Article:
(Left) KRC’s program director, HeeJoo Yoon was recognized in 2012 as a White House “Champion of Change for its provision of quality, culturally competent services.” On April 26, 2012, she had the opportunity to meet President Obama and convey the specific challenges faced by Korean American families struggling to save their homes. (April 26, 2012)
Campaign Fellows Call Voters for the 2012 Civic Engagement Campaign.
The anti-immigrant wave that swept Congress and the US starting with Prop 187 and followed by the welfare reform laws, spurred KRC’s focus on increasing the civic participation and mobilization of Korean Americans. Since 1996, KRC has contacted 430,000 community members through its civic engagement and immigrant rights activities.
Our work by the numbers:
- Voter Registrations: 21,862 new voters
- Get Out The Vote Activities: 93,587 voters
- Voter Guide Mailers: 227,100 voters
- Election Hotline Assistance: 18,503 voters
- Census Outreach (2000 and 2010): 47,507 residents
- Naturalization Assistance: 12,521 Legal Permanent Residents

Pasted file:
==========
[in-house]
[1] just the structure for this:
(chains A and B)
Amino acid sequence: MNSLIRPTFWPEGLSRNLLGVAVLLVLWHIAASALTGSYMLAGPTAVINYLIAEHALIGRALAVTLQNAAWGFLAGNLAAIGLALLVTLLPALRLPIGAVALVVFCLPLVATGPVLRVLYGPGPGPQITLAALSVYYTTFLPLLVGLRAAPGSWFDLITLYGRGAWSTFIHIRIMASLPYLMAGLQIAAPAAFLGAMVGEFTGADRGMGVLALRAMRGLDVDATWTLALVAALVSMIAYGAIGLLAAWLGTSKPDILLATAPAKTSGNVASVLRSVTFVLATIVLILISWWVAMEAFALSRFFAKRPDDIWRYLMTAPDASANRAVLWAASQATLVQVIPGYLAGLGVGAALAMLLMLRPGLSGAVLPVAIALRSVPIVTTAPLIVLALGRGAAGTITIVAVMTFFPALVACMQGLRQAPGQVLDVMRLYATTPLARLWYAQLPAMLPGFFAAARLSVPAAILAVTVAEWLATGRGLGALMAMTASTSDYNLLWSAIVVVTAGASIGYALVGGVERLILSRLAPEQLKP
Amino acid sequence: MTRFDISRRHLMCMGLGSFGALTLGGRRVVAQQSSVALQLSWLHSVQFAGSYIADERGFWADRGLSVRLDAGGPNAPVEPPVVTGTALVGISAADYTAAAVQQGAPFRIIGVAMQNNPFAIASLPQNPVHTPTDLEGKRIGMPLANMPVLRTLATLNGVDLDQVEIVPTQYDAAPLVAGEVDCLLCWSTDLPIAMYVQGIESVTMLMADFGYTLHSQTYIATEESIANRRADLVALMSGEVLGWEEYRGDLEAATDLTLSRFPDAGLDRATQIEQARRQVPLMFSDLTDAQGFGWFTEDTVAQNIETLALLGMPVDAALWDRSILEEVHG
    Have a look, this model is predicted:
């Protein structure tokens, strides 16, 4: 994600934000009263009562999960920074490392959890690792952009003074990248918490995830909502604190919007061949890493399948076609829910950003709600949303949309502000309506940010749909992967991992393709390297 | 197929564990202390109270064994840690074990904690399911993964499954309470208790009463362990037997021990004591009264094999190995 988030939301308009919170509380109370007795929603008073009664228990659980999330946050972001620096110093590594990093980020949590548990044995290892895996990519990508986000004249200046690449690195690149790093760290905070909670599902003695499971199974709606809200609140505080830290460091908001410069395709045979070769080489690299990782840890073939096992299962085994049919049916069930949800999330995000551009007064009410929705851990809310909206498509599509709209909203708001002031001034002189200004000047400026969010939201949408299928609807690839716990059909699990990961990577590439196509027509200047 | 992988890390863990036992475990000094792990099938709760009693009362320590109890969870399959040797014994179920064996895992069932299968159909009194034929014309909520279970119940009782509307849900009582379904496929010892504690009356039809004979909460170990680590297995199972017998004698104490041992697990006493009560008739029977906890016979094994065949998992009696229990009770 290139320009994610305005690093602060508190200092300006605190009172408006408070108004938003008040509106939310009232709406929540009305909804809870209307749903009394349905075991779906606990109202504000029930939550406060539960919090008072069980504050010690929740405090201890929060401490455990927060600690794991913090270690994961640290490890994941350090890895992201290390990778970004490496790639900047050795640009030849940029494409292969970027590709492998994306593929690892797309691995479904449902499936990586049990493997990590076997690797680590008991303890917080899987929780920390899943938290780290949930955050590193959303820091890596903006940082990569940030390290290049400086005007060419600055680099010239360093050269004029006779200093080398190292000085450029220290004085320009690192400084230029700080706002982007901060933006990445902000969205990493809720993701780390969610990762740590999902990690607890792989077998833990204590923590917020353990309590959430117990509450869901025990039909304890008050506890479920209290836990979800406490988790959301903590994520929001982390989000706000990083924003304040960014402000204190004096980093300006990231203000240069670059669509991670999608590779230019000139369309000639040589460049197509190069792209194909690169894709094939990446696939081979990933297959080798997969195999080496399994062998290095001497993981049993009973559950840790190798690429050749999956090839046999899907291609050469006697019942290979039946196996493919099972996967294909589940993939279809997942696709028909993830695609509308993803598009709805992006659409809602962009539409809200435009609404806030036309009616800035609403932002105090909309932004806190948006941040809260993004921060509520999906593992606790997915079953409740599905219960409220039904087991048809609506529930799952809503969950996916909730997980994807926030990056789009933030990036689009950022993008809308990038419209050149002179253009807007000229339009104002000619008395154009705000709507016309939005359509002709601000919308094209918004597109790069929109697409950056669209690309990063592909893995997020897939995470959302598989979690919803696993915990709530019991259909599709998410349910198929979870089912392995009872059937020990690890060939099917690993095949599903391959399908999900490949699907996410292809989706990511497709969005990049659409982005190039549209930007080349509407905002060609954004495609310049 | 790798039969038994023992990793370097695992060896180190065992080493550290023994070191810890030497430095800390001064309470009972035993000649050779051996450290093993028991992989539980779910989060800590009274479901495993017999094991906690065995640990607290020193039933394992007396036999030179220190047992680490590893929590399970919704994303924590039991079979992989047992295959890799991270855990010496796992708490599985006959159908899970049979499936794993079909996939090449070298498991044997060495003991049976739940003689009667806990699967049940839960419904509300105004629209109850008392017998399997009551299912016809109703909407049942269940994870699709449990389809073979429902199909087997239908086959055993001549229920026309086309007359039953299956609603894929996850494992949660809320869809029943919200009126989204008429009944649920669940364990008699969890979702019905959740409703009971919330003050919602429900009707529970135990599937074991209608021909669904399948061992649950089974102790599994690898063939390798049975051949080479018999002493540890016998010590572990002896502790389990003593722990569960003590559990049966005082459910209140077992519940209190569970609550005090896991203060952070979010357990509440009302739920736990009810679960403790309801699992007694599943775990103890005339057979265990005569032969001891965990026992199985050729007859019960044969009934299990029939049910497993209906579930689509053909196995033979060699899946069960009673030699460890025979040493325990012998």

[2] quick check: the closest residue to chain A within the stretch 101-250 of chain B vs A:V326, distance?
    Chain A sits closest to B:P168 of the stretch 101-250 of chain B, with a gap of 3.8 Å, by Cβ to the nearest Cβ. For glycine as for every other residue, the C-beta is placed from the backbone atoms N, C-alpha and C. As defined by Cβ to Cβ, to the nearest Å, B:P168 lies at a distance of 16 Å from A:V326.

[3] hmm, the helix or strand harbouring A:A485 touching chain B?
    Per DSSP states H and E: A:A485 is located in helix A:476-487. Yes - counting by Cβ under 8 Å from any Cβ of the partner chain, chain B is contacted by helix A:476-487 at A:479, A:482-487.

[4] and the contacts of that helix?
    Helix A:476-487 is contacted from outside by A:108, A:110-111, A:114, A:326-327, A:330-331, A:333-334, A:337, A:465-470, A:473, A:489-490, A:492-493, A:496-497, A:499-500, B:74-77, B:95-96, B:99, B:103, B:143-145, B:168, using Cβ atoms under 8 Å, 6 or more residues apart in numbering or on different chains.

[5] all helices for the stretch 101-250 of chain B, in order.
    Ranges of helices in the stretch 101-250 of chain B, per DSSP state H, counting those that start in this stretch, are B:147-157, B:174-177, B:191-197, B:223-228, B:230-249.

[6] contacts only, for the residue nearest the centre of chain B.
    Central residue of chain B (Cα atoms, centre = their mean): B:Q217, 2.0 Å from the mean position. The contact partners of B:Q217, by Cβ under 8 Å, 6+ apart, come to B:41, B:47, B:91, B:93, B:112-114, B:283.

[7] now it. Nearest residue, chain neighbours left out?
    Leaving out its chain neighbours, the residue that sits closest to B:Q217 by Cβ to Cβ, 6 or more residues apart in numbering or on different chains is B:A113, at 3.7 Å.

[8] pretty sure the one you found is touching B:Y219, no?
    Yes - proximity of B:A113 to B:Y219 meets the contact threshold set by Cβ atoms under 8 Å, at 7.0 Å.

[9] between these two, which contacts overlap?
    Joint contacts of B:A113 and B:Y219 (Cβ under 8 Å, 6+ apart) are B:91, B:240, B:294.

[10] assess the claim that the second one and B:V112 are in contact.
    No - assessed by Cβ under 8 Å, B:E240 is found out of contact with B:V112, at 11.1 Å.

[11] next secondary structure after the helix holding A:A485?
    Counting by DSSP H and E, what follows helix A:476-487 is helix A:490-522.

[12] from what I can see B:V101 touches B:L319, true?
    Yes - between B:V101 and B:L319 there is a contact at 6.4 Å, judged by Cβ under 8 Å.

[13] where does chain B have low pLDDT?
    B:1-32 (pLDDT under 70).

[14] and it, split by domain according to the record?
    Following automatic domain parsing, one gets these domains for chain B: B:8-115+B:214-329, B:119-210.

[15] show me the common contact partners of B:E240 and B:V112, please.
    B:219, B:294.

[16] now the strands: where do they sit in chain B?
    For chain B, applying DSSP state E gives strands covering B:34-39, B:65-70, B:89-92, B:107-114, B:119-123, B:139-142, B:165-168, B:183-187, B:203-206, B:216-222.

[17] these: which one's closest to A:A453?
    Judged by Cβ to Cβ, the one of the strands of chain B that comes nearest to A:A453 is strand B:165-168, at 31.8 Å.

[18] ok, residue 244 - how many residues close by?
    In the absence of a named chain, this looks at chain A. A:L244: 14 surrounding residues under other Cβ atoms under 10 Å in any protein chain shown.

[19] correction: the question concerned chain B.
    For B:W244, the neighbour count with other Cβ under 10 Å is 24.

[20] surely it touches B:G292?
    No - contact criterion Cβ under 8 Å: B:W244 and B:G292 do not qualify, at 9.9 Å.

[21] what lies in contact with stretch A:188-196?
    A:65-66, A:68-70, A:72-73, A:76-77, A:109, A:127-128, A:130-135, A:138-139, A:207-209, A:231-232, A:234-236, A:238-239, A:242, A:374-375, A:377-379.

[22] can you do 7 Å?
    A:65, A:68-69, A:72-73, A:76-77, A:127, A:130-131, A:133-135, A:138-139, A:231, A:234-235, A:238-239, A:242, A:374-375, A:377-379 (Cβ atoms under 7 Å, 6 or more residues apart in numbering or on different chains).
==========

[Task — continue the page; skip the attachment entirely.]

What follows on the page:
- Deferred Action for Childhood Arrivals (DACA) Assistance: 7,219 immigrant youth
- AB540 Application Assistance and College Admissions: 2,044 students
KRC engaged in public campaigns to advance human rights and economic justice, involving 80,000 community members in petitions, faxing letters, phone calling, and donations. Major accomplishments of our work include the restoration of SSI and Food Stamps for low-income immigrant seniors re-authorization of the State Children’s Health Insurance Program (SCHIP), Medi-Cal language access, and winning in-state tuition and deferred action measure for undocumented immigrant youth.